The plight of uprooted, dispossessed teenagers and near-teens, out on the street and on their own, has long been the festering secret of America’s chronic homelessness crisis. It’s finally starting to receive the public and policy attention it deserves. But one critical aspect of this crisis has largely escaped the public’s attention, though those who try to help them are keenly aware of it: It’s in large part a crisis of gender and sexual orientation.
A vastly outsized share of these homeless youth are lesbian, gay, bisexual or transgender. Often their sexual identity makes it impossible for them to stay with their families; sometimes it gets them thrown out of their homes. And when that happens it also makes it harder for them to assemble a new life.
In 2012 researchers at UCLA’s Williams Institute surveyed 351 agencies serving homeless youth across the country on that question. On average, they reported that 40 percent of new clients placed themselves in one or another LGBT category (30 percent gay or lesbian, 9 percent bisexual, 1 percent transgender). This is somewhat higher than the estimate — 34 percent LGBT— often attributed to an earlier University of Nebraska study. But either tally is likely low, since some respondents would be wary of disclosure and some might not respond to a survey that doesn’t include their preferred designation: “queer.”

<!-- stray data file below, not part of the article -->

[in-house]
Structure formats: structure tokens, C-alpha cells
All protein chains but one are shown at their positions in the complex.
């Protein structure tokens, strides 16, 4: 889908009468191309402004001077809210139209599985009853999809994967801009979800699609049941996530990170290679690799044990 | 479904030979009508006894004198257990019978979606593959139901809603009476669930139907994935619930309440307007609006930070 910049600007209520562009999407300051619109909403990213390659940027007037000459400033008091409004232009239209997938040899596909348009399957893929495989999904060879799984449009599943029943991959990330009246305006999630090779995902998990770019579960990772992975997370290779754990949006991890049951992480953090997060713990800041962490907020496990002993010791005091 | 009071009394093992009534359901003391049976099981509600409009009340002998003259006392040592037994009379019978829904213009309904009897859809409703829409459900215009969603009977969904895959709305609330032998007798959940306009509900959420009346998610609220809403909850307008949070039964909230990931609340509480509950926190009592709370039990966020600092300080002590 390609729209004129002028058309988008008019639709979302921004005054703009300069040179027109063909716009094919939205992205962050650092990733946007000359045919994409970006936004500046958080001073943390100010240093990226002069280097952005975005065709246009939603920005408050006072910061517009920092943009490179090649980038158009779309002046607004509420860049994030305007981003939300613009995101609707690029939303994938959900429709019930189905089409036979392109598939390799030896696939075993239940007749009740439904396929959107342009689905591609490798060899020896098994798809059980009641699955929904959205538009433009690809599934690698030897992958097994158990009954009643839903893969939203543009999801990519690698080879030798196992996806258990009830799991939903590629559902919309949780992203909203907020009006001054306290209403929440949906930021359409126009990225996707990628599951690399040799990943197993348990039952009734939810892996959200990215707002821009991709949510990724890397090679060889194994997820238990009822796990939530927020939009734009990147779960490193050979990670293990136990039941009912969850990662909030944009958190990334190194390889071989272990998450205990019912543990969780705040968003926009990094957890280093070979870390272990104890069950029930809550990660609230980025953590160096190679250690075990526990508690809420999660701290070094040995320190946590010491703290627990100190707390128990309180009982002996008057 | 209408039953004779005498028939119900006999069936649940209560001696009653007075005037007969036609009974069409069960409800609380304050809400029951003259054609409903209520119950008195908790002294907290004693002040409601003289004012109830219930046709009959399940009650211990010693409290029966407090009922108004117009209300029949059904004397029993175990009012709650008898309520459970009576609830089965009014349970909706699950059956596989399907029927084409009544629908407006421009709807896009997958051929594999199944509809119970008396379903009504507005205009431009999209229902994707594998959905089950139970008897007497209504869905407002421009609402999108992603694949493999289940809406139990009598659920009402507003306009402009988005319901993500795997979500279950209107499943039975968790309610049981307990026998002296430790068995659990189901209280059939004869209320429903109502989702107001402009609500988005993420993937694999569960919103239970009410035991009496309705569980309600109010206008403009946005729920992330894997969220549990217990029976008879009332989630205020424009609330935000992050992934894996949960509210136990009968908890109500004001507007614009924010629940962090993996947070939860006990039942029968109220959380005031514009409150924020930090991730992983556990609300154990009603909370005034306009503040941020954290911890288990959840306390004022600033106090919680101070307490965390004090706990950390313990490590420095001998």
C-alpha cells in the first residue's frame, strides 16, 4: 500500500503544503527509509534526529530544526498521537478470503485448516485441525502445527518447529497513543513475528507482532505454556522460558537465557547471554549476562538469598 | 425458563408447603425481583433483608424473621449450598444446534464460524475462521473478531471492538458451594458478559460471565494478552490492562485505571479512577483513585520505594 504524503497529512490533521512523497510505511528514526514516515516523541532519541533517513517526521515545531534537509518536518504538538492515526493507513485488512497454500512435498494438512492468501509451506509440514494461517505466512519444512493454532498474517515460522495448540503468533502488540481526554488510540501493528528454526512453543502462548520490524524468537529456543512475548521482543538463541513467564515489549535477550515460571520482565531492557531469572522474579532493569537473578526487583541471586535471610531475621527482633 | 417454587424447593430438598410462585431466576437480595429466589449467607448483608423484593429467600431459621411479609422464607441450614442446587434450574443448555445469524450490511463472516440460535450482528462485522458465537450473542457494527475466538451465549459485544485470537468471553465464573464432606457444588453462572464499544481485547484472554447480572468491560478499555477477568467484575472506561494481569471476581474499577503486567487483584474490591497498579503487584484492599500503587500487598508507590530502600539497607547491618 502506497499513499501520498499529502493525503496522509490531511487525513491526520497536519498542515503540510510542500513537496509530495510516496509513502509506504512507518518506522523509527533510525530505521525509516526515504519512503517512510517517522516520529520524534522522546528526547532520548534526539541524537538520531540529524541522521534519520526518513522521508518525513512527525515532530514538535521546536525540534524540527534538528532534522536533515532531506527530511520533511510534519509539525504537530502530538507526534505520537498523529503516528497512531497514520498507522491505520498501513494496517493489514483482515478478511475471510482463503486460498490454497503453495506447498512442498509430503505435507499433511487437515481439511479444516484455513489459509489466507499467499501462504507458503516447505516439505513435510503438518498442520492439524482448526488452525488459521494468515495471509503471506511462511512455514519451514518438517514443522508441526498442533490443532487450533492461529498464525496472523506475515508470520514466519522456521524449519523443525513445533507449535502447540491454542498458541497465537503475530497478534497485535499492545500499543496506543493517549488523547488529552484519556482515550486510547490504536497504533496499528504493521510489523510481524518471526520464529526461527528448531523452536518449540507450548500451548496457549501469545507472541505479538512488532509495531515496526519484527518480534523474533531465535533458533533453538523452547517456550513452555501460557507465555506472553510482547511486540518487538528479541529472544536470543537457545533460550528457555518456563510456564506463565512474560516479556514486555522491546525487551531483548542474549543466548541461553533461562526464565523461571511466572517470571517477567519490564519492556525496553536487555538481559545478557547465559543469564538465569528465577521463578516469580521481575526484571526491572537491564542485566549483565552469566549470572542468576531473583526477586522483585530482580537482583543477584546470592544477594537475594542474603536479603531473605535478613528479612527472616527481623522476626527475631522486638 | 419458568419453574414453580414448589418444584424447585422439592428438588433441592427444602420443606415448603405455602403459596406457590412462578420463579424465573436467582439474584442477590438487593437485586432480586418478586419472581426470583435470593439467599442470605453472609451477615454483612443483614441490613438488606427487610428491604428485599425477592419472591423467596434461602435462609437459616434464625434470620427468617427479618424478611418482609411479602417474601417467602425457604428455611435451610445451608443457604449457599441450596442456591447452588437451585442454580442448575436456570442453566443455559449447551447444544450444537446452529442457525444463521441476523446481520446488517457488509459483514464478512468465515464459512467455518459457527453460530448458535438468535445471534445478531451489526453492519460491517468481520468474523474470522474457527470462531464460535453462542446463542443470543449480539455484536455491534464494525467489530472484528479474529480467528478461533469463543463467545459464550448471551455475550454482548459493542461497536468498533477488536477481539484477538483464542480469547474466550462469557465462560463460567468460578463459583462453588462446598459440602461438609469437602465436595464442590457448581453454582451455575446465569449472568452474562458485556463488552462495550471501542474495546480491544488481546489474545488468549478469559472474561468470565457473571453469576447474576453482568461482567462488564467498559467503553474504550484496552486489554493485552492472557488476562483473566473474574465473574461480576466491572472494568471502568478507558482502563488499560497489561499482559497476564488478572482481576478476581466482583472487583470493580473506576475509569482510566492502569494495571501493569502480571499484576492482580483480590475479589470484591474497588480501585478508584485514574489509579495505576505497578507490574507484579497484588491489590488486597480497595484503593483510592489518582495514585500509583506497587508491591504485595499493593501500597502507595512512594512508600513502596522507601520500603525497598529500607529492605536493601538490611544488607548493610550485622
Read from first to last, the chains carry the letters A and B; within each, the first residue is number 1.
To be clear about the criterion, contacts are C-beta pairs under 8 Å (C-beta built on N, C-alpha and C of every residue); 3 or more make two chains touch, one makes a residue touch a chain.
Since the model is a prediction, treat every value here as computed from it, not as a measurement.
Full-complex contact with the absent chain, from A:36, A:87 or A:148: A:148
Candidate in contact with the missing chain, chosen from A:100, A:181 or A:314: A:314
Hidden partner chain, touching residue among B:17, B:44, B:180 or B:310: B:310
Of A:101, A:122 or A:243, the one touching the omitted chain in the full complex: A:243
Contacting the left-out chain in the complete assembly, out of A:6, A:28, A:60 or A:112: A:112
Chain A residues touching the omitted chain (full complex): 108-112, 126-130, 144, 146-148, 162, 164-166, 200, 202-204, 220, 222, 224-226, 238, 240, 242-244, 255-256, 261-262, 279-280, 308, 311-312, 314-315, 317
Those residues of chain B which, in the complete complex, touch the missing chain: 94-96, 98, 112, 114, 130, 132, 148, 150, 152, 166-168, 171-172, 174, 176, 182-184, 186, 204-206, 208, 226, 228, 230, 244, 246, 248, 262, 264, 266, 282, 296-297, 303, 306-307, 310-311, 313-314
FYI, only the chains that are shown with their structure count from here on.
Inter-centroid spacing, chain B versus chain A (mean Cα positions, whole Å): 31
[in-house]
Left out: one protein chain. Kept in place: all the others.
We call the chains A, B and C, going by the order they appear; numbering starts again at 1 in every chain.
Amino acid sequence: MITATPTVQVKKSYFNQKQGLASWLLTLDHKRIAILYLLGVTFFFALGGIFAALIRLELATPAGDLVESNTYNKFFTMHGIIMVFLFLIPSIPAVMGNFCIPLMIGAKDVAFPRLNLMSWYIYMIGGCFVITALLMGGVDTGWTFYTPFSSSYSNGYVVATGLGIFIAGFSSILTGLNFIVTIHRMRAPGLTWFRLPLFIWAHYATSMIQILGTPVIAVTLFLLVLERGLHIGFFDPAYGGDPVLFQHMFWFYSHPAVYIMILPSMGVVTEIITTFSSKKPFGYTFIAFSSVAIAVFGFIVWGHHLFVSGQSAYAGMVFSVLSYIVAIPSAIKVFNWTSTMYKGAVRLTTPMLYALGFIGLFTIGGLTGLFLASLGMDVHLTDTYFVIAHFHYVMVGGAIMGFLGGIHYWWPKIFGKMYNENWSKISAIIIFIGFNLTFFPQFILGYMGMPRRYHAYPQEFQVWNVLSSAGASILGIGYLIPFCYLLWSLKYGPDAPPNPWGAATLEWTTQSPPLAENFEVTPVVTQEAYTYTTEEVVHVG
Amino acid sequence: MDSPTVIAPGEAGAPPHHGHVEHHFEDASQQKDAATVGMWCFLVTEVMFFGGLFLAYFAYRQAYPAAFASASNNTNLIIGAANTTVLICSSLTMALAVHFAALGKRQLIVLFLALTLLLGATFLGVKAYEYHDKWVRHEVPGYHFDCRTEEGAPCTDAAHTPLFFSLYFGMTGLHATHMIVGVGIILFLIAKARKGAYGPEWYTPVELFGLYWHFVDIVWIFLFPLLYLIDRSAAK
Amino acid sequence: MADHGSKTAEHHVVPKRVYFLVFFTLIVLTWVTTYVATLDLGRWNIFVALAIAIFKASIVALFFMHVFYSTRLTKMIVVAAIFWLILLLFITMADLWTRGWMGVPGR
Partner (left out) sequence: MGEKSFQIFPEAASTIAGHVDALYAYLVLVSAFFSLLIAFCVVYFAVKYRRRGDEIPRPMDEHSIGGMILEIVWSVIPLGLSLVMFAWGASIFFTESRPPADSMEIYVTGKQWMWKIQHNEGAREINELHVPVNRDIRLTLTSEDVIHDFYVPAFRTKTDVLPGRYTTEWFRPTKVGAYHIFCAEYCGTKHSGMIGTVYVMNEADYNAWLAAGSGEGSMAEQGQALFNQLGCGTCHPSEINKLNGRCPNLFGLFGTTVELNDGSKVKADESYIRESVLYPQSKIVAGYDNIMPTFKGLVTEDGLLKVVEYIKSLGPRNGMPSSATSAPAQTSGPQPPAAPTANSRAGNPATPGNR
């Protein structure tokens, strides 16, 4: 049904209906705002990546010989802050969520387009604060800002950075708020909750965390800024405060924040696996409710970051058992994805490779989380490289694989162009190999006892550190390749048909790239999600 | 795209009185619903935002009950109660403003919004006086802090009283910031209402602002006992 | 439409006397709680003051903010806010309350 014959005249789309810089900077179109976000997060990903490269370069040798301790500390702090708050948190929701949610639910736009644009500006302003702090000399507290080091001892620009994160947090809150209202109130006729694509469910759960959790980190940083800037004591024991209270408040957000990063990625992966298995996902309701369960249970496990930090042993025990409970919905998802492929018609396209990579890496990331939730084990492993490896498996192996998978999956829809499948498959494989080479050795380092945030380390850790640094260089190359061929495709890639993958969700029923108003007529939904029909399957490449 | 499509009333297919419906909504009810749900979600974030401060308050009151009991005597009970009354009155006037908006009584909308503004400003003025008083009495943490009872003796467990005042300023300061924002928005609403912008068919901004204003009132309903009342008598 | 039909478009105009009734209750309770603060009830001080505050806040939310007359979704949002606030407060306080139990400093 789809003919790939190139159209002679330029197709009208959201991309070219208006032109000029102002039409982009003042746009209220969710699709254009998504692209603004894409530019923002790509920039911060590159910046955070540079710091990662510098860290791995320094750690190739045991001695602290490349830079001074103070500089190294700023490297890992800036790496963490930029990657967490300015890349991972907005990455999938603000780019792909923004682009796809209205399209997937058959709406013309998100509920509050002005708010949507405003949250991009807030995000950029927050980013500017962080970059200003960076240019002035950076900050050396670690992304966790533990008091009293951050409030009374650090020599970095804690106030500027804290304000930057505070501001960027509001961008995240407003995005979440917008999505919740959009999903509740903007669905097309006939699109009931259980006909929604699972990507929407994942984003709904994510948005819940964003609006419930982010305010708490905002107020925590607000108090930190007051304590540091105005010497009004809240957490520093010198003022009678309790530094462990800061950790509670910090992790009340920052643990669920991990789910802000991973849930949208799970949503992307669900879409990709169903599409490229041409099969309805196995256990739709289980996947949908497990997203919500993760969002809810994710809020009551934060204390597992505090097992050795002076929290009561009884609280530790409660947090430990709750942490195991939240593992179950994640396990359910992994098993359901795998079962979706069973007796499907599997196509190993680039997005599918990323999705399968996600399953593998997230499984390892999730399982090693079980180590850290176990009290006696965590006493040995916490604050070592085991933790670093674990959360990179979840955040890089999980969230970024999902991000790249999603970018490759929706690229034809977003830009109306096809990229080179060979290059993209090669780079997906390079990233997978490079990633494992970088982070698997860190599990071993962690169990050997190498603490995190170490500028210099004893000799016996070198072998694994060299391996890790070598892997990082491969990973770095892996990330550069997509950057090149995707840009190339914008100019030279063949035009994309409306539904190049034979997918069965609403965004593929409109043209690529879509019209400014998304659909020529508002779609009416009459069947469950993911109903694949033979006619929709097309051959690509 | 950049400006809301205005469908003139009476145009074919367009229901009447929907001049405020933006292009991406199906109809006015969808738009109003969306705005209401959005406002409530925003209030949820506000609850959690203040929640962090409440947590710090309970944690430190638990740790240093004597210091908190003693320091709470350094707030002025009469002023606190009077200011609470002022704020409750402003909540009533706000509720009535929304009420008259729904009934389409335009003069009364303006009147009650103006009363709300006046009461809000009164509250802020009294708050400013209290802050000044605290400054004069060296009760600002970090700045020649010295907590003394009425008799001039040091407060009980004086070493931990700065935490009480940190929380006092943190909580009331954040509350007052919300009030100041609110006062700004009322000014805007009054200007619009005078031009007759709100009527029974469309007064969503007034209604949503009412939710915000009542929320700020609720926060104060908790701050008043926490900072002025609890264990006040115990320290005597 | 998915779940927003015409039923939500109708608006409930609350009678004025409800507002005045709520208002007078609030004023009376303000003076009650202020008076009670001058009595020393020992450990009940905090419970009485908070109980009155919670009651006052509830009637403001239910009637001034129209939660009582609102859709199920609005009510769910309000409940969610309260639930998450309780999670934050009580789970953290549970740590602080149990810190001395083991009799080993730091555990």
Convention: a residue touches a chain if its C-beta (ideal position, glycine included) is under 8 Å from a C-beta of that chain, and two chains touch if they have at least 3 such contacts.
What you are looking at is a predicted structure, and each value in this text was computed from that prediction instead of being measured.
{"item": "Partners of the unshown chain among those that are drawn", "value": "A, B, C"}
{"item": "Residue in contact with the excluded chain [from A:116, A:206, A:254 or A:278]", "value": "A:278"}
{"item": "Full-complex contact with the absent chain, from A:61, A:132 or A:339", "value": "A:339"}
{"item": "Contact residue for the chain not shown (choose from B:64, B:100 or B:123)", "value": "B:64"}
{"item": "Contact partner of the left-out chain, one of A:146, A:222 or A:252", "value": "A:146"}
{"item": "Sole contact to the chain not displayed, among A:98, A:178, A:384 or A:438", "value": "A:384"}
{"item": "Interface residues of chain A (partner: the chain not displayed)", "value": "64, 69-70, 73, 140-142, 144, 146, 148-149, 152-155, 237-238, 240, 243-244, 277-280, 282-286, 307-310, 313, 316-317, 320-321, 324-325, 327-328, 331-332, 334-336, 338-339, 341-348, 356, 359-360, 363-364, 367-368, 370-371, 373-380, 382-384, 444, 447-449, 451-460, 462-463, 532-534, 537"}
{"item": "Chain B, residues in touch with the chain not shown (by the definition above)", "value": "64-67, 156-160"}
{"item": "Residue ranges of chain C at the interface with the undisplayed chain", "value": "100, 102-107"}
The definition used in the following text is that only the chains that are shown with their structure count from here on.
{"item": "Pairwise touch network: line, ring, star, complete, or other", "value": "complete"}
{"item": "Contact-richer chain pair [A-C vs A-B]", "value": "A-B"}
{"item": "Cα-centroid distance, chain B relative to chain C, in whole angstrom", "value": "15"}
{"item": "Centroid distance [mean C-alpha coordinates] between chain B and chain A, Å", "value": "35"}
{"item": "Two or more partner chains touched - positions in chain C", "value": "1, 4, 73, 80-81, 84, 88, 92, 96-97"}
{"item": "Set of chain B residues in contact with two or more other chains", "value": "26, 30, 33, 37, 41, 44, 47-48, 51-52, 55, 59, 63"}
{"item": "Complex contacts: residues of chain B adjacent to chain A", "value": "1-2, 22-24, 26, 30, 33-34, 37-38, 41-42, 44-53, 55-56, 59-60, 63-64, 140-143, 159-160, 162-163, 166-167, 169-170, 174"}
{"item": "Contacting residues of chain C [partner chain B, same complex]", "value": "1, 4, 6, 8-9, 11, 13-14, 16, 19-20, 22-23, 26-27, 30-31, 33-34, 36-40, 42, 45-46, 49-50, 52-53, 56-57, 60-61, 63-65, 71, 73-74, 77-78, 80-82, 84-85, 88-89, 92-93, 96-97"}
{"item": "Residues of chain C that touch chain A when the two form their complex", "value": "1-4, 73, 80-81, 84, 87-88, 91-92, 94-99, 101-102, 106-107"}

As Shannon Perez-Darby, youth services program manager at the Northwest Network (of Bi, Trans, Lesbian and Gay Survivors of Abuse) puts it, “A lot of them don’t identify as male or female.” The survey writers haven’t caught up with that fact.
Whatever they call themselves, young LGBTQ kids are flocking to Seattle, the city of voter-approved gay marriage, “It Gets Better” guru Dan Savage, and one of the largest Pride festivals in the United States. “Seattle definitely has a higher [LGBTQ] percentage than average” in its young homeless population, says Bryce Bahler, a caseworker at the Seattle nonprofit Youth Care who specializes in serving the young LGBTQ cohort. “I don’t think I’ve heard a youth specifically mention Dan Savage," adds Bahler, "but I have heard them say they came here because it’s more gay-friendly — whether they came from Auburn or Billings, Montana. Sometimes they heard about Seattle from a great aunt, sometimes it’s people coming from here who tell them.”